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Influence Marketing v/s Influencer Marketing: Understanding the difference

aReputation- Influencer VS Influence

Despite sounding one and the same, the terms influence marketing and influencer marketing hold vividly different meanings when it comes to social media marketing.
Read on:

Believe it or not, but most purchasing decisions with respect to products as well as services, are taken under some influence. Customers are more likely purchase a particular dress or shoes if they spot their friends, family members or celebrities wearing them.

The similar analogy can be applied for trusting a particular brand. The important role of influences in social media marketing brings us to two important concepts – influence marketing and influencer marketing. While the two terms sound a lot similar and are often used interchangeably, they actually are different. Let’s understand this difference with the help of an example.

Suppose, you follow a friend who has about 2,000 followers on Instagram, and this friend keeps recommending some amazing shoes from a particular brand. While you might otherwise not be tempted into buying anything just because it looked good on someone, you decide to go with this brand since it’s your friend who is recommending these shoes. This forms a classic example of influence marketing, which involves micro influencers.

Micro influencers are everyday people, often those we know, typically having fewer than 10,000 followers. They are a powerful force with a high engagement rate: 80% of customers today seek recommendations before making a purchase. Spotting a sofa in the comfort and sincerity of your neighbor’s house, for instance, creates a context that sells. However, despite their high engagement rate, micro influencers are not an official part of the social media marketing chain because they’re small fries.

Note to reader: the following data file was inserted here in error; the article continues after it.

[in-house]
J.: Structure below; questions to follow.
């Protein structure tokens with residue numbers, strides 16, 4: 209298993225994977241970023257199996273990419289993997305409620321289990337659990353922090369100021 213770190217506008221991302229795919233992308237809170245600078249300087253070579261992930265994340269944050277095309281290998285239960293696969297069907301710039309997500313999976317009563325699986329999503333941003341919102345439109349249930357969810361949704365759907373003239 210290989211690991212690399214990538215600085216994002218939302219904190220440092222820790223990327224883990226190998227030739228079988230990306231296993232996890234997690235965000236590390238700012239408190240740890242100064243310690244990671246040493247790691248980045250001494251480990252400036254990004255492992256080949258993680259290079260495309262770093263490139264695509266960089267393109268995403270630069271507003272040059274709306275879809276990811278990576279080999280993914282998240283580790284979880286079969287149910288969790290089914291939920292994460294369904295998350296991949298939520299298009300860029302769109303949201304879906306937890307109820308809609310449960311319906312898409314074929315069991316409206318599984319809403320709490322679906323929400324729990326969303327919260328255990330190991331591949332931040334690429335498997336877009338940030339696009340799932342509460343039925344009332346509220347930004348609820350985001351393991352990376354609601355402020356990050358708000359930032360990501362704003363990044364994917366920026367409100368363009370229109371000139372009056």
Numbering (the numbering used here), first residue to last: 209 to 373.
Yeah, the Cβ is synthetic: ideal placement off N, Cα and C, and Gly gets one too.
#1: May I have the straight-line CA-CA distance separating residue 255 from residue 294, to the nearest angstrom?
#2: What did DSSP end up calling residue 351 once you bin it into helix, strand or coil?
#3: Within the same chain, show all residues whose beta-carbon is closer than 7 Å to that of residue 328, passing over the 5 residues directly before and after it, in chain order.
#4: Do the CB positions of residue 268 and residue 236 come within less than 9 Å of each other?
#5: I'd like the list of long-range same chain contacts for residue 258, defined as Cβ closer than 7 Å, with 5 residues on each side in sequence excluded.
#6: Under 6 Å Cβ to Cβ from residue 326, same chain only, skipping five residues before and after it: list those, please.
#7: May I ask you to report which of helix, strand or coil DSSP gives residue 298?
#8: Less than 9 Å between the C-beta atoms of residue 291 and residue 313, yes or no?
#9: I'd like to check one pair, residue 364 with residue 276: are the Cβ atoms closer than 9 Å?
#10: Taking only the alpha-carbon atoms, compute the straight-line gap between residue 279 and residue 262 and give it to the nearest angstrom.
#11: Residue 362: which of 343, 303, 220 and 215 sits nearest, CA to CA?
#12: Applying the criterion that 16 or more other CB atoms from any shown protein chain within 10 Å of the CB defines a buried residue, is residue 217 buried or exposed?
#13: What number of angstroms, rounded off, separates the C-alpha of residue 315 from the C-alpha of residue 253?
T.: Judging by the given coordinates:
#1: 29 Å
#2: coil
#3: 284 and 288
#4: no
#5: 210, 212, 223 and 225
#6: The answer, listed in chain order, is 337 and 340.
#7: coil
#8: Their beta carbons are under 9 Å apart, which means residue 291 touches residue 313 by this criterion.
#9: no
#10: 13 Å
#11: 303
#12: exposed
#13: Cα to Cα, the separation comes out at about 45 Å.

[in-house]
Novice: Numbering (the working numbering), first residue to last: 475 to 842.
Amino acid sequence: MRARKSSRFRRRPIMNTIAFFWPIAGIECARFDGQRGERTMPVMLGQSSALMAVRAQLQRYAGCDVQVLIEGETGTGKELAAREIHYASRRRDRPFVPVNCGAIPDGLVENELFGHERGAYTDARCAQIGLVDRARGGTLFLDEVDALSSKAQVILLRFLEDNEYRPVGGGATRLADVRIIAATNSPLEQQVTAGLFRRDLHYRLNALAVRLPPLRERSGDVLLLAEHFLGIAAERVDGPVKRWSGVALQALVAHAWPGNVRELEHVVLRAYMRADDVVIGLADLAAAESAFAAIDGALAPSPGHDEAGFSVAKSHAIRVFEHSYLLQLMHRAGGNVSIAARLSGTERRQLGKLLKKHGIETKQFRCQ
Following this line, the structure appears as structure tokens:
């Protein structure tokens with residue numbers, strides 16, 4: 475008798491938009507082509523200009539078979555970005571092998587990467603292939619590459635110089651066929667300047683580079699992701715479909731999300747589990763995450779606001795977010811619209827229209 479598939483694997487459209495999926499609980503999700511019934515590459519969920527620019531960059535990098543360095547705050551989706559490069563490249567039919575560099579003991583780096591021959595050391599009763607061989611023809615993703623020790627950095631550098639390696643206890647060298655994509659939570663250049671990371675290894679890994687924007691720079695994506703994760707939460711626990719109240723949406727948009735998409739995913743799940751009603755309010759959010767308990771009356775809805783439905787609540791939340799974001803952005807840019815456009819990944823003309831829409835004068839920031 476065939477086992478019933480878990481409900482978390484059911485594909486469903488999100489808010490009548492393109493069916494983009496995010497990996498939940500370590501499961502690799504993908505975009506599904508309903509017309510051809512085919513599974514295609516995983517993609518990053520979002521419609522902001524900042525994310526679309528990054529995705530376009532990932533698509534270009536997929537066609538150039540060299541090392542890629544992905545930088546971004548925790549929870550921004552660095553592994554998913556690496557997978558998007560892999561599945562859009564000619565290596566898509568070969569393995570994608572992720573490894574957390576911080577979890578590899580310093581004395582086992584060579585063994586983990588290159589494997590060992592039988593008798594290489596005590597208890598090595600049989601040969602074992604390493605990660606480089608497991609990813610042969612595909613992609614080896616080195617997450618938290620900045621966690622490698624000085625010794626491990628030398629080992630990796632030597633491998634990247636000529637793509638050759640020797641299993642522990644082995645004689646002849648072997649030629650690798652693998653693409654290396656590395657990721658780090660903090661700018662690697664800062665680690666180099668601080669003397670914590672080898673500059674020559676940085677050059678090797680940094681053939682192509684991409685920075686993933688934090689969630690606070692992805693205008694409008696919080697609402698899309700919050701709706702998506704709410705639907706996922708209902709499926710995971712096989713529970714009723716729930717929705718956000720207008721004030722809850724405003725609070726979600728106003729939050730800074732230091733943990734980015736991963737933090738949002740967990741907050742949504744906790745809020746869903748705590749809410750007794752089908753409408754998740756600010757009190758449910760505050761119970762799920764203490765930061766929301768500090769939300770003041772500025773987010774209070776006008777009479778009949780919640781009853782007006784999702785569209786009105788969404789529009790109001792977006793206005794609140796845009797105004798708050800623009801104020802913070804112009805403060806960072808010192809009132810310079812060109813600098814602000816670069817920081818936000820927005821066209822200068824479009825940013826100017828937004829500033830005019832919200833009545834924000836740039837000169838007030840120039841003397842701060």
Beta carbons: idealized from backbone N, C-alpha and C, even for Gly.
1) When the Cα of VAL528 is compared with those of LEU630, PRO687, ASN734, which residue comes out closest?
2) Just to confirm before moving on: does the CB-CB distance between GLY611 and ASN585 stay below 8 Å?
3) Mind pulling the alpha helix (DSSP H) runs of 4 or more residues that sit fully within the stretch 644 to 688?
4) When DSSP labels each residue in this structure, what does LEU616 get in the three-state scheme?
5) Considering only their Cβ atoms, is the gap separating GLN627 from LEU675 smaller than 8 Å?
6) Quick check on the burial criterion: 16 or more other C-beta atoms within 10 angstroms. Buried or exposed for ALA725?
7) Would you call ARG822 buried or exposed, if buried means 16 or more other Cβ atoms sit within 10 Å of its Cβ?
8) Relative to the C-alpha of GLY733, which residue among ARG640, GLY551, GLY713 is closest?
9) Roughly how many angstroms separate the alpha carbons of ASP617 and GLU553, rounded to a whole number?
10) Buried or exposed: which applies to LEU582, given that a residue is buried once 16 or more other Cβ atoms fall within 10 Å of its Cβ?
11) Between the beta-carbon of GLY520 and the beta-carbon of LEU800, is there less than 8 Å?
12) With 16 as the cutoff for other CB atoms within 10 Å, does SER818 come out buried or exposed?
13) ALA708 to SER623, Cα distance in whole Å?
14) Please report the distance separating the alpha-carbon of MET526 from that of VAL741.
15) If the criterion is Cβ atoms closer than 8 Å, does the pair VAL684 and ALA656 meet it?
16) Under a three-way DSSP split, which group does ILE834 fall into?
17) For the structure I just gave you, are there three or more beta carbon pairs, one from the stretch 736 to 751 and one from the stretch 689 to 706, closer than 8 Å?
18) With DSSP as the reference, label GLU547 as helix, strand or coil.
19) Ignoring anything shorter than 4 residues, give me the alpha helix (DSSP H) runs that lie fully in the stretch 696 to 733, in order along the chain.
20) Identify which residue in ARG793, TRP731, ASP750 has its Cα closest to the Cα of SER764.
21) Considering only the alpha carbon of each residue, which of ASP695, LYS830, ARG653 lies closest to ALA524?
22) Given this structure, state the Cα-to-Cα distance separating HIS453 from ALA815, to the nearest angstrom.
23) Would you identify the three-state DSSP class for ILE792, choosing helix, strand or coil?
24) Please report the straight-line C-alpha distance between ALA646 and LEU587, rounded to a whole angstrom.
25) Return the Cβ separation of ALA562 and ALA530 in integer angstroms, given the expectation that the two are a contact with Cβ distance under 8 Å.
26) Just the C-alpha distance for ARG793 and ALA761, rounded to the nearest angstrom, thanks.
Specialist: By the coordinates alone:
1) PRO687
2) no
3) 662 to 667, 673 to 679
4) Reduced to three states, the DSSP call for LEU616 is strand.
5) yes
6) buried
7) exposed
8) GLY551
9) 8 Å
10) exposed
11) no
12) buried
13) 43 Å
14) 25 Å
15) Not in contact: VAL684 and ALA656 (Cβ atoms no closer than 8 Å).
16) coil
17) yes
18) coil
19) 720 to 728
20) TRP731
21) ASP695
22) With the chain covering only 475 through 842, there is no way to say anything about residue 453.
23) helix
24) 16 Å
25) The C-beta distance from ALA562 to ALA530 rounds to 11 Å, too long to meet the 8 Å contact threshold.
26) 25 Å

Let’s take another example. Your favorite movie star is endorsing a particular brand through his/her social media profiles. Since you already are an avid follower of this celebrity, you are more likely to buy the some stuff from the brand they are endorsing. This is how influencer marketing plays out, since it involves macro influencers.

Macro influencers range from social media notables with tens of thousands of followers to celebrities with tens of millions. This large and influential group has continues to be one of the main drivers of social media marketing so far. Since they advertise to a wider audience than micro influencers, brands often work with them through affiliate networks or agencies.

However, their success rate is considerably lesser than that of micro influencers. After all, you might trust your relatives more than you might trust a random celebrity.